• Web deploy to Linux app services isn't "done" when the deployment is done. It appears that there are some switches in the background as it cycles between old and new instances, and it is possible to briefly get a 502. Maybe having 3 nodes would improve this, but it's a little disappointing, however momentary.

All of this still leaves me in awe that I can have this kind of redundancy and resiliency for so little money. How did we get along before "the cloud?" I've learned that more than 90% of my database calls are handled by in-memory cache (across multiple nodes, no less). The database DTU (the virtualized unit of CPU for the price structure I'm using) averages less than 4%, while the CPU for the web nodes stays well under 10% at the current, starter pricing levels. Page render times stay below 40ms, and that's accounting for serving images out of the database. I'm still confident that I could hit 2,500 request per second without scaling up (though response times would be better if I did).

The "big" test came when I migrated the PointBuzz forums over to the platform, and wow did it shine. It's not a huge load, but 30 to 50 requests per second isn't unusual for that site, and it doesn't cause any deviation from the above numbers. I'm so happy to split the forums from the rest of the site, so they aren't dependent on each other. The search doesn't get a lot of use there, but it's so nice to have real, useful search! The migration also forced me to add a feature to insert Google AdSense ad slots into the page, because their "auto ad" thing wasn't really inserting anything. I added code to insert a banner at the top, and a sidebar ad, and wouldn't you know it, it's generating CPM's of almost $2. Haven't seen money like that in a long time!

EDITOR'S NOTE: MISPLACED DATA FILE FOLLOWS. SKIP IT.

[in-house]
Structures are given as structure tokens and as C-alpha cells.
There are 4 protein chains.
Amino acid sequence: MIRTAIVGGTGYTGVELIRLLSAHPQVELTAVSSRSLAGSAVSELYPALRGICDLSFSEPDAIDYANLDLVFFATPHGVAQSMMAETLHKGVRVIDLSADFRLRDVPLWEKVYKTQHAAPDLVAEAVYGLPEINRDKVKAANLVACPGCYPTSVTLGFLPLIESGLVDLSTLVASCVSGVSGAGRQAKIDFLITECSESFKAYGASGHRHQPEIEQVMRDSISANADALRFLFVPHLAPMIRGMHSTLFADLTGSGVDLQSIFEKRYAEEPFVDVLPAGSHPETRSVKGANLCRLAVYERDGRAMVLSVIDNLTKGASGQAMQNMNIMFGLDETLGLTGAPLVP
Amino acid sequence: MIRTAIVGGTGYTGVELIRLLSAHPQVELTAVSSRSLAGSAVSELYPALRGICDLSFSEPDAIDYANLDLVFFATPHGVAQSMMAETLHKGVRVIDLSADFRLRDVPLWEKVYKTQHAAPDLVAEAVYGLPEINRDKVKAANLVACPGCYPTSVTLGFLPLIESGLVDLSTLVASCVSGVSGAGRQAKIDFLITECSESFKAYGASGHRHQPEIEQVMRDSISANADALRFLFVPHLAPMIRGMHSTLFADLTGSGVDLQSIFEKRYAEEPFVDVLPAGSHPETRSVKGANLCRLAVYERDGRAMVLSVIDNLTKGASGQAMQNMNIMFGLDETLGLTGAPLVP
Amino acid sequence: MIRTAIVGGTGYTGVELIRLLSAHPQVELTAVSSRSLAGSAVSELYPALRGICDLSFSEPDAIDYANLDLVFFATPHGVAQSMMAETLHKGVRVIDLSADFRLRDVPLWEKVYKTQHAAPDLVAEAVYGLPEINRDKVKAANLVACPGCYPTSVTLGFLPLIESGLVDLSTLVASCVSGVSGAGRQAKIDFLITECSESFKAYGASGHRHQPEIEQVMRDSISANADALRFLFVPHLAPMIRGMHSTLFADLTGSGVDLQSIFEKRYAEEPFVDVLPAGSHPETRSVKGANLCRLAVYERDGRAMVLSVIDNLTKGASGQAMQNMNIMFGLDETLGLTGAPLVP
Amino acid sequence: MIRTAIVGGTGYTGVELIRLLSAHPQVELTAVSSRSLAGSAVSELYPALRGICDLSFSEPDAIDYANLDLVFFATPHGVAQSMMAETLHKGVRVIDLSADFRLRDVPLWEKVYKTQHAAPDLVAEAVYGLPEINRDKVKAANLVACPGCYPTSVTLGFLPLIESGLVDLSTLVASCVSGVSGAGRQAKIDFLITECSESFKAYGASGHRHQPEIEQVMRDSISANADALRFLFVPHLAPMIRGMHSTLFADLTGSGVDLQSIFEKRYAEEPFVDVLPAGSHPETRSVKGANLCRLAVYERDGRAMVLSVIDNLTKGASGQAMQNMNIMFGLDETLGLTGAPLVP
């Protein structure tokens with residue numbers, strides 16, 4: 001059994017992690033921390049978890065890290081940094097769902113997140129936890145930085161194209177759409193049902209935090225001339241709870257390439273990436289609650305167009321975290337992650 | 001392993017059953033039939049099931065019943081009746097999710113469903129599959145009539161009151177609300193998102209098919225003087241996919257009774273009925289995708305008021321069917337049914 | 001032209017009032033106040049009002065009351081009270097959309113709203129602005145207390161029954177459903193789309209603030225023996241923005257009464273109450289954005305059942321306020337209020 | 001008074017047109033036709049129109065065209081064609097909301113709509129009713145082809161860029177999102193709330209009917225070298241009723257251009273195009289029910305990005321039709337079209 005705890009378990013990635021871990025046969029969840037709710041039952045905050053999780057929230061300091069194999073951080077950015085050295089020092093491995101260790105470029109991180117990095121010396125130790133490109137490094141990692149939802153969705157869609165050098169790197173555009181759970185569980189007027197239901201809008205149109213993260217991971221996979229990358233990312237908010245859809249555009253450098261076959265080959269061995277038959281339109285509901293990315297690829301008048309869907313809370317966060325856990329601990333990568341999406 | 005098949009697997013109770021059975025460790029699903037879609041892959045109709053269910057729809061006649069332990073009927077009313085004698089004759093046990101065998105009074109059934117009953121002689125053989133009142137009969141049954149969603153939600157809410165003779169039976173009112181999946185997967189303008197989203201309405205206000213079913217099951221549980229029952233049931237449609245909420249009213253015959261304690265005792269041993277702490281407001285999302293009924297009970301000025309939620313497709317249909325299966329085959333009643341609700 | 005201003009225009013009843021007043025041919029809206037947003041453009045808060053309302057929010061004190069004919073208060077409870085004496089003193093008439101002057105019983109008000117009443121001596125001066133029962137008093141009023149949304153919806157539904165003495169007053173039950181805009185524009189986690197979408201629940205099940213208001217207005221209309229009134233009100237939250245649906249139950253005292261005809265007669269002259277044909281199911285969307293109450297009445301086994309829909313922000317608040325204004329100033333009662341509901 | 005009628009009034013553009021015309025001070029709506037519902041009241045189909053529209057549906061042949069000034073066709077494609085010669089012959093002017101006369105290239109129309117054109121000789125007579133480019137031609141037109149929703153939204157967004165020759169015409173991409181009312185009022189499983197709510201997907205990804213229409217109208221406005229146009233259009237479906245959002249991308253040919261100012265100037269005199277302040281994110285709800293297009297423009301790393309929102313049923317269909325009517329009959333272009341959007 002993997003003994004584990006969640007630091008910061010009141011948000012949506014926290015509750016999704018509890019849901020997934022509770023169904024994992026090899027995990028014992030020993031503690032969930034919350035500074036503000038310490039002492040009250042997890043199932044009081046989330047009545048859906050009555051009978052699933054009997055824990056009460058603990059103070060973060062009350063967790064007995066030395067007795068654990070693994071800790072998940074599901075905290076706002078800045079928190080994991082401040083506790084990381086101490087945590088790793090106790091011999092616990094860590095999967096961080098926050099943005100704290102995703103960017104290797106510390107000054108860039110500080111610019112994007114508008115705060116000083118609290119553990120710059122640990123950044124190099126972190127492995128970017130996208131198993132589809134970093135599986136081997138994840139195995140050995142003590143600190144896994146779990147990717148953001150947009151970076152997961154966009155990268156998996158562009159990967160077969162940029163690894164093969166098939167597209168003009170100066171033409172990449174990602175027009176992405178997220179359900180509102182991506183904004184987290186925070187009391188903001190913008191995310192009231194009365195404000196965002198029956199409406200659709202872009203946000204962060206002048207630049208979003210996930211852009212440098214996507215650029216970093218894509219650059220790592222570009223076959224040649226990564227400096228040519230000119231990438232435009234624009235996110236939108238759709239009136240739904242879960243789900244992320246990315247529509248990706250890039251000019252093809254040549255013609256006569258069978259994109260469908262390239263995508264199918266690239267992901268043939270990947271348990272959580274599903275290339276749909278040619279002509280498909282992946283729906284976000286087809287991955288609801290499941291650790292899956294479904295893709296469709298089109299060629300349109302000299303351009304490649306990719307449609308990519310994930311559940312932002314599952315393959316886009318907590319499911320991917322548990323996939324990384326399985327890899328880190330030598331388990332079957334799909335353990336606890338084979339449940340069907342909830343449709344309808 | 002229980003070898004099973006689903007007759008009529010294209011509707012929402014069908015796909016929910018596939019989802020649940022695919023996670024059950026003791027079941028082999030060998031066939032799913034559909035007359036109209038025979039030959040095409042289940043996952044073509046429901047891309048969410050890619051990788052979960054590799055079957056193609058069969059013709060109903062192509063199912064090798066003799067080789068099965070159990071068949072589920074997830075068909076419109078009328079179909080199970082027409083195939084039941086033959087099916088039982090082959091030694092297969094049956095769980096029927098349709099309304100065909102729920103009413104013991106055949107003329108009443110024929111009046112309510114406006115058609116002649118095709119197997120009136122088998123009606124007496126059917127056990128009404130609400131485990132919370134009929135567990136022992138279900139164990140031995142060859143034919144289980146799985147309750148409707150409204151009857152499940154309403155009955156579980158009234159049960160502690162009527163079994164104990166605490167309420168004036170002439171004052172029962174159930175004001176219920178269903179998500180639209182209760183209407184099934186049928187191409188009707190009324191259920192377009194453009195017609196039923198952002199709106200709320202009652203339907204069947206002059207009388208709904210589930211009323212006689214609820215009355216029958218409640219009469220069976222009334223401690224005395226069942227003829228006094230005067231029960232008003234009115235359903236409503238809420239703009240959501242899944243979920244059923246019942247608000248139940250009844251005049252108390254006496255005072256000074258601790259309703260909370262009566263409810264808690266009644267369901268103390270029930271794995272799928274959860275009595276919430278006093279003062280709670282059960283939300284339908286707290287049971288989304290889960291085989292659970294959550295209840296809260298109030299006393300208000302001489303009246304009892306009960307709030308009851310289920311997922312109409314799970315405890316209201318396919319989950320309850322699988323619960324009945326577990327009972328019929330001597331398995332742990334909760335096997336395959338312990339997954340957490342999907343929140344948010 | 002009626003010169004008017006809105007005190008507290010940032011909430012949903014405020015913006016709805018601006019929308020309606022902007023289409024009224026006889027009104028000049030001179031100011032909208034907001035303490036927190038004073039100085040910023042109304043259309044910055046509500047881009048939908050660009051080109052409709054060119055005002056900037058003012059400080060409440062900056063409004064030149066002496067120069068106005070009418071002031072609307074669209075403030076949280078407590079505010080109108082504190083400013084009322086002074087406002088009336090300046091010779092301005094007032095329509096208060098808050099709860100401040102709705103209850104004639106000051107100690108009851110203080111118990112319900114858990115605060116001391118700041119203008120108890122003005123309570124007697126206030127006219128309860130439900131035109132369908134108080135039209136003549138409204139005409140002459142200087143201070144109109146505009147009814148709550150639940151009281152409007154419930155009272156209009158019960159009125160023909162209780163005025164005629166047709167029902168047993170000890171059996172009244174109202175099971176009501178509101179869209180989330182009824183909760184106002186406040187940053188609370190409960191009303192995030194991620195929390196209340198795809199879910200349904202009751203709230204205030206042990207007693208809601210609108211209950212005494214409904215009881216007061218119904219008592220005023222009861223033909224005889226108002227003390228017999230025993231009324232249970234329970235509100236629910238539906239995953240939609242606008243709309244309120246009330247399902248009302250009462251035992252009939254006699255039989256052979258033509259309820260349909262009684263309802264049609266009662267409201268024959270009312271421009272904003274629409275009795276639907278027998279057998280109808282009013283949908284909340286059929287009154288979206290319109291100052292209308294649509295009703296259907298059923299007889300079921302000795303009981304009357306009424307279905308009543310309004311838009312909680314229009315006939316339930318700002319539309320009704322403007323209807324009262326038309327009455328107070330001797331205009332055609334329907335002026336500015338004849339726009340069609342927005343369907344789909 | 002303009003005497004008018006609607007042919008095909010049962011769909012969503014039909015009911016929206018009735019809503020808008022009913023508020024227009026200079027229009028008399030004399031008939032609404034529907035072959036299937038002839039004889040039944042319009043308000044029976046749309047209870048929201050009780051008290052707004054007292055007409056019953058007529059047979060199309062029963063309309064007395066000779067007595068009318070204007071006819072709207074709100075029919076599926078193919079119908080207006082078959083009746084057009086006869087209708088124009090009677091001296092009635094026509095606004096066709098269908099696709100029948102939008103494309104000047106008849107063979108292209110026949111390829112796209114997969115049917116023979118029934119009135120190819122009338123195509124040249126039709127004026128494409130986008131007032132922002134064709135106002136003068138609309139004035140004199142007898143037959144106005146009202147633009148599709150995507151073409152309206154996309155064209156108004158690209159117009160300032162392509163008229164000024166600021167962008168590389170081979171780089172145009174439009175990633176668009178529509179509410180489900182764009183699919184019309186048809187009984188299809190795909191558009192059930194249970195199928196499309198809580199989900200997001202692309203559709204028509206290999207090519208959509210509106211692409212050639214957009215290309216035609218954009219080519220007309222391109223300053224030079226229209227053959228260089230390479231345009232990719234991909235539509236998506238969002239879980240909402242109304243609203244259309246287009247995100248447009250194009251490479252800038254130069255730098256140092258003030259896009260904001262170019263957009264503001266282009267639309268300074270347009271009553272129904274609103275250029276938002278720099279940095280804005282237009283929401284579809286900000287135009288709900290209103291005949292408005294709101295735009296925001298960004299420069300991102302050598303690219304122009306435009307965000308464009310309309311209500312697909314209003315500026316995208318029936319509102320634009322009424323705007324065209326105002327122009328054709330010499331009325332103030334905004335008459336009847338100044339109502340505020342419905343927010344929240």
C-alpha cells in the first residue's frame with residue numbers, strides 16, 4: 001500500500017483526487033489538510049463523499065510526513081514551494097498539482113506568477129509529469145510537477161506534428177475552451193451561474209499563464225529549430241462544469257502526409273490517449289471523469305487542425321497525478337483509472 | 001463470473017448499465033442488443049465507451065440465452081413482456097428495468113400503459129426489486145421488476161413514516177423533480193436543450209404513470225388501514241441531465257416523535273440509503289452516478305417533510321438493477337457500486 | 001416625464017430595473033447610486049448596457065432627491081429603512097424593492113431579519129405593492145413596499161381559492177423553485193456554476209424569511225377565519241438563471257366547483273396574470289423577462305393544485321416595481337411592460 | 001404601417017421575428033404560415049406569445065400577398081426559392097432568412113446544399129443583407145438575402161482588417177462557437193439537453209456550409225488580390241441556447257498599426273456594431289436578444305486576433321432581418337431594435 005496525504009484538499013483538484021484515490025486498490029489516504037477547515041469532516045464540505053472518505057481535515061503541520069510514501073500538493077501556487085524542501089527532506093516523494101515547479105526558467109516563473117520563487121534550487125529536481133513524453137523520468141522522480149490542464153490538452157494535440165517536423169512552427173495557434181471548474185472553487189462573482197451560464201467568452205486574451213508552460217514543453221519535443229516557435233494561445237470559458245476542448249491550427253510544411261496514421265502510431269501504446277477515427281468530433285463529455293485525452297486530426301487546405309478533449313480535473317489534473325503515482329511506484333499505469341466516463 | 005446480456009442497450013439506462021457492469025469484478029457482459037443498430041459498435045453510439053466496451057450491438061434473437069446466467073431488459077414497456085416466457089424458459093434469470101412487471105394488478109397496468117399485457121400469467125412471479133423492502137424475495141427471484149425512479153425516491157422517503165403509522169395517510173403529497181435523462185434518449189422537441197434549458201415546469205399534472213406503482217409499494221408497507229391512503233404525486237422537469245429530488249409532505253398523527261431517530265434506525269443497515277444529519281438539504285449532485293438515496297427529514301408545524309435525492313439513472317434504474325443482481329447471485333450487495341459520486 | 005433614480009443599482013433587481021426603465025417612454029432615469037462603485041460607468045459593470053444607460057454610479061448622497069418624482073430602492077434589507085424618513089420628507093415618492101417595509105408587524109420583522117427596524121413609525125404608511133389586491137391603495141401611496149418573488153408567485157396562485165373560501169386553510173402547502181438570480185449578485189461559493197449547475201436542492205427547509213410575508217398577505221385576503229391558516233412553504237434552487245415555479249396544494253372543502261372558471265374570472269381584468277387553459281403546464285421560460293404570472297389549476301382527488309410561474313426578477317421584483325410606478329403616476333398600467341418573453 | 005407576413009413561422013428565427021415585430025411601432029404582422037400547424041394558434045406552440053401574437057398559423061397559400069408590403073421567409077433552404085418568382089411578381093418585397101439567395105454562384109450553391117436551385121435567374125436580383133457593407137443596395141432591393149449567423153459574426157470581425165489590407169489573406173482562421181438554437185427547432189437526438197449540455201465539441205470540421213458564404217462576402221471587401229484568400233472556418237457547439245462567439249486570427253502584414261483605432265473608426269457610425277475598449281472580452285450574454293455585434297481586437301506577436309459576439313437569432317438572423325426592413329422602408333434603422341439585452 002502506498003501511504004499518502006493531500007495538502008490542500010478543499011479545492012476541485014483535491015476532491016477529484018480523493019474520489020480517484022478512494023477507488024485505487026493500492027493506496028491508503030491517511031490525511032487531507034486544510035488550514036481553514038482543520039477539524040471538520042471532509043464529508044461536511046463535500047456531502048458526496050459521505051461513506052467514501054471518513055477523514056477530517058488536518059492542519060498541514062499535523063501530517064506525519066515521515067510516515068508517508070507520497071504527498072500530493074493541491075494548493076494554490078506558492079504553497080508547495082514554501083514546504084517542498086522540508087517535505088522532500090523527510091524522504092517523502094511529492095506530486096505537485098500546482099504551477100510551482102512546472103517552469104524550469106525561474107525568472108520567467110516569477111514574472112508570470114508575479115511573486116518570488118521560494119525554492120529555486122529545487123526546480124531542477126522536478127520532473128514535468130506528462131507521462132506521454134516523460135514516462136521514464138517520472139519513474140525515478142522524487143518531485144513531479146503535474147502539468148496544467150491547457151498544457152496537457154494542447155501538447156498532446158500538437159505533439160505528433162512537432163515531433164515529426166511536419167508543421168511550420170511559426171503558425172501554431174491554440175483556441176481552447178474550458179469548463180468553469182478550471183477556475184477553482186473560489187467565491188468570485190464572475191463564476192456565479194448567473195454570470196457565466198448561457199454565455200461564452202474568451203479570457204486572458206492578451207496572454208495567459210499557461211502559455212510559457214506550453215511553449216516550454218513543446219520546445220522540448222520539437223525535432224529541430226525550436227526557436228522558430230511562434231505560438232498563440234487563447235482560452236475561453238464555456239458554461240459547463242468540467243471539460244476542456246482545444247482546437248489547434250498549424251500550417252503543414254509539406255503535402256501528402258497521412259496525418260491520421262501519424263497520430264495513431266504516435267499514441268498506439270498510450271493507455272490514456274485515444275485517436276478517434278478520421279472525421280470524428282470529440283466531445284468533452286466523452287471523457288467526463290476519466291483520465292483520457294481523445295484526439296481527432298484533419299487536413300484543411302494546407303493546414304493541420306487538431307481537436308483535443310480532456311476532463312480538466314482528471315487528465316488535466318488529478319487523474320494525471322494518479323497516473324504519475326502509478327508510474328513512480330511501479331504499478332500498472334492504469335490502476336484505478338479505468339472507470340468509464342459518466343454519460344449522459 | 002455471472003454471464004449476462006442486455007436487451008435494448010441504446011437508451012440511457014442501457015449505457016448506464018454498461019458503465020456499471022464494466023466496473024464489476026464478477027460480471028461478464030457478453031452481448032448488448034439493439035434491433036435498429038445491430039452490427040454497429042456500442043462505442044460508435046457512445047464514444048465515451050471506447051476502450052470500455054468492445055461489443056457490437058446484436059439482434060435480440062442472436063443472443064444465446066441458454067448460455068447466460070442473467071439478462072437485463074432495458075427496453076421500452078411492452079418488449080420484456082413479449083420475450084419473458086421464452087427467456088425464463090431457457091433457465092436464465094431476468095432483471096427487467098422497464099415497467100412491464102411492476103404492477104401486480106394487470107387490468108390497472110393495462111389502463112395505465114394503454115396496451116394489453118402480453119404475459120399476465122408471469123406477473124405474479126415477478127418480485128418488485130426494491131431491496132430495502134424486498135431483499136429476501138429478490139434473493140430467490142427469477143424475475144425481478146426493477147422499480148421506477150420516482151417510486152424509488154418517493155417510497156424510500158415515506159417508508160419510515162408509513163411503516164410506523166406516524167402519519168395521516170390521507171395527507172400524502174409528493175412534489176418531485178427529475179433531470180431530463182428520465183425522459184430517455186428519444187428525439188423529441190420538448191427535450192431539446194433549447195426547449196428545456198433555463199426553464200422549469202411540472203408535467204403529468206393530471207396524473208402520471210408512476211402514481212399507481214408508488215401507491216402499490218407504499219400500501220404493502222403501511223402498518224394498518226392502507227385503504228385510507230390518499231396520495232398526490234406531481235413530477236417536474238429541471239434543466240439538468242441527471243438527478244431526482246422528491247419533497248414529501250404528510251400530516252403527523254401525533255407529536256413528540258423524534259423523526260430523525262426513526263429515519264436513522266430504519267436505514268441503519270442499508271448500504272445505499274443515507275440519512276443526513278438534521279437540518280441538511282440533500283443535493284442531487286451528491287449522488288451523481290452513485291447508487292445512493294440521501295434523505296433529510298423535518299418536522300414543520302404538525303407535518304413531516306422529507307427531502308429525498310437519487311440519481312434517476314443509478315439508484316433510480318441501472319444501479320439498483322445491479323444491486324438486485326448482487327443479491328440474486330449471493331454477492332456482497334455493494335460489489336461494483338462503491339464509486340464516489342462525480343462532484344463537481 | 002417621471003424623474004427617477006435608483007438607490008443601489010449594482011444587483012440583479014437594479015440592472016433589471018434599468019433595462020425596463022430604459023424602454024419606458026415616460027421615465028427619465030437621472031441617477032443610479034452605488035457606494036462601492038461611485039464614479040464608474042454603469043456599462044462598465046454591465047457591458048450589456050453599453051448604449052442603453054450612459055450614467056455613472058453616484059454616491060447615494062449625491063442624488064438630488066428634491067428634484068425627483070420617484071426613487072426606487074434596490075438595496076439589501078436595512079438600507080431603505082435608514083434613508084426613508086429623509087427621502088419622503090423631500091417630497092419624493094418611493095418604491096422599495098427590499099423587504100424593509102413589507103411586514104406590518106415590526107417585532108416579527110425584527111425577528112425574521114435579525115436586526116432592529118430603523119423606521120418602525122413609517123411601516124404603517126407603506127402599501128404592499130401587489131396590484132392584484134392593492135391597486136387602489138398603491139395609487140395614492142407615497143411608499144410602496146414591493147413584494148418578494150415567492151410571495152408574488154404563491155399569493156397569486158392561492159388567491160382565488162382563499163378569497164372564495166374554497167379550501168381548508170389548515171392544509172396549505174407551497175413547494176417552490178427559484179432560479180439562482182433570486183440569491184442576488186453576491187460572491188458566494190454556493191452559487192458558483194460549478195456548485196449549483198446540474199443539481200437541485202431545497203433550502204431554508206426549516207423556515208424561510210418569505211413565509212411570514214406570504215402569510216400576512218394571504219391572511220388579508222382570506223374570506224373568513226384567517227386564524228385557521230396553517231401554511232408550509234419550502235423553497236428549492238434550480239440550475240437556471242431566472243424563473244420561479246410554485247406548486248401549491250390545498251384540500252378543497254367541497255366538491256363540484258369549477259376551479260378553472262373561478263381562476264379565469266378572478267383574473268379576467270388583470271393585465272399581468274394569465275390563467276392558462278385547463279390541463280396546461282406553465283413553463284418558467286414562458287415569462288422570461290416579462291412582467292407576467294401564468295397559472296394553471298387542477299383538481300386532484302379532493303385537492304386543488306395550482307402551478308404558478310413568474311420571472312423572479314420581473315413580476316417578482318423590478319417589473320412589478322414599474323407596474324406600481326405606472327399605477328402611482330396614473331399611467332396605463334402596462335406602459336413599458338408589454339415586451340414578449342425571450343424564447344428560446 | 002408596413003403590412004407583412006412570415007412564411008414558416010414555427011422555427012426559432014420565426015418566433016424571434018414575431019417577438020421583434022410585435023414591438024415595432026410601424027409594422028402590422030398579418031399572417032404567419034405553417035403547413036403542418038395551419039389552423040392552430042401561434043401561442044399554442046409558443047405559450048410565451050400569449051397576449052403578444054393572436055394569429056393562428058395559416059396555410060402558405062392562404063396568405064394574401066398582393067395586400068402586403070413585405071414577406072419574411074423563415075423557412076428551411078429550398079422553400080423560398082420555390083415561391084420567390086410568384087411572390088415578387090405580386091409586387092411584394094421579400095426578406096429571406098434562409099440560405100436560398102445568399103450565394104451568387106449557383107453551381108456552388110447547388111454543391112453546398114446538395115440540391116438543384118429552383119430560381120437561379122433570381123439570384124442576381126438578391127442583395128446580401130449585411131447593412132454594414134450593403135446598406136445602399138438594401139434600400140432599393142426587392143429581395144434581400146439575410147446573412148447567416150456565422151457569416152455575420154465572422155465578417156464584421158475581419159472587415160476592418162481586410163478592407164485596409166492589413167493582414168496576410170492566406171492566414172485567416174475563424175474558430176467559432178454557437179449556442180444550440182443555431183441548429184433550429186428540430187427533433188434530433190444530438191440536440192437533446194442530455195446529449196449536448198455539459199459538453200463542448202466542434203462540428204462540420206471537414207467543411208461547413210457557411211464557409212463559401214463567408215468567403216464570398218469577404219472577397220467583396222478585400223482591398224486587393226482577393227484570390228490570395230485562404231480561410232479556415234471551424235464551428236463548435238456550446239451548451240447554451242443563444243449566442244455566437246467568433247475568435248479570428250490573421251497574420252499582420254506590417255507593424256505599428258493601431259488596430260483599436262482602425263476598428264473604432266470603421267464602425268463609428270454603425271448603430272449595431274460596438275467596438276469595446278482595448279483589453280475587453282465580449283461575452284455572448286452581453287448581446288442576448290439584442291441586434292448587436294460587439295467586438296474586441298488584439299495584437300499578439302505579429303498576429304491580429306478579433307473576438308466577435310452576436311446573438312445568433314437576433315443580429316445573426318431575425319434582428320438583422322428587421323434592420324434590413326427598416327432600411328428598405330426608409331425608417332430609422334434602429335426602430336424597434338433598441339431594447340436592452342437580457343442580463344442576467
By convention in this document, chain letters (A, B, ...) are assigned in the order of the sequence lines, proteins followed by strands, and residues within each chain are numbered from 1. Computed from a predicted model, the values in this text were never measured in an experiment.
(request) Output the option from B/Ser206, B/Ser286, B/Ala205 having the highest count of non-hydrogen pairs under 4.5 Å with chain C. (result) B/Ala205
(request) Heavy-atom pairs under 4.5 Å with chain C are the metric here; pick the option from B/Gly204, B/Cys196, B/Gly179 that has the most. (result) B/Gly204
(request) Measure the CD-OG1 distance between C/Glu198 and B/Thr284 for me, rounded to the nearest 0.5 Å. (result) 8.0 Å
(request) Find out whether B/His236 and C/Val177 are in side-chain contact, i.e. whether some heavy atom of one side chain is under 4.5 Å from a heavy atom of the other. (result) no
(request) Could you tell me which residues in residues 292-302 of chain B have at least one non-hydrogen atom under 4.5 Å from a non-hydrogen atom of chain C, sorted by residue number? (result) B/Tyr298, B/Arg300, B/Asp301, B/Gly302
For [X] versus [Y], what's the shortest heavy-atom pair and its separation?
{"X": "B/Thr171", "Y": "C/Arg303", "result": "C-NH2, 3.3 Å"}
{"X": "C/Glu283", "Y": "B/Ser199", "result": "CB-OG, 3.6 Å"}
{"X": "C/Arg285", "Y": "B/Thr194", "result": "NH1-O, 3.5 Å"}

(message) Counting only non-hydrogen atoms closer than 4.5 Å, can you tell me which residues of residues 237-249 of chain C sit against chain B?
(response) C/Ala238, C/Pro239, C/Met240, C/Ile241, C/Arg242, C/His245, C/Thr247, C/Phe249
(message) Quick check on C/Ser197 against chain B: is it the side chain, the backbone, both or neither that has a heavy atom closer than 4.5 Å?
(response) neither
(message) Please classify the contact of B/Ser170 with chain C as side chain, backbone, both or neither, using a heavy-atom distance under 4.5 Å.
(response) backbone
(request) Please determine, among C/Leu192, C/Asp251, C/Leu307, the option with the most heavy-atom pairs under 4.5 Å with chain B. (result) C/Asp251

At this point, I just need some real customers to prove this is all for real. Honestly, it all works better than I expected.


Awesome custom metrics using Azure Application Insights

posted by Jeff | Sunday, February 23, 2020, 7:35 PM | comments: 0

You know that old management saying, that you can't improve what you don't measure? It's annoying because being measured feels personal and uncomfortable, but it's useful in technology because it's totally true. There is a fairly lucrative market around monitoring stuff in the cloud now, because as our systems become more distributed and less monolithic, we do less tracing at the code level and more digestion of interaction data between components.

When I launched the hosted forums, the big change was that I was finally exercising the two-level cache code that I wrote for POP Forums a long time ago. It was of course inspired by the way StackOverflow handles their caching. Basically, the web node checks to see if it has the object in its local memory, and if not, it goes to Redis. If it's not there either, then it goes to the database and puts it in Redis. Then, using Redis' pub/sub messaging, all of the web nodes get a copy and it holds on to it there with the same TTL. The default that I use is 90 seconds, but I don't know if that's "good" or not. I had no context or data to support that it worked at all, actually.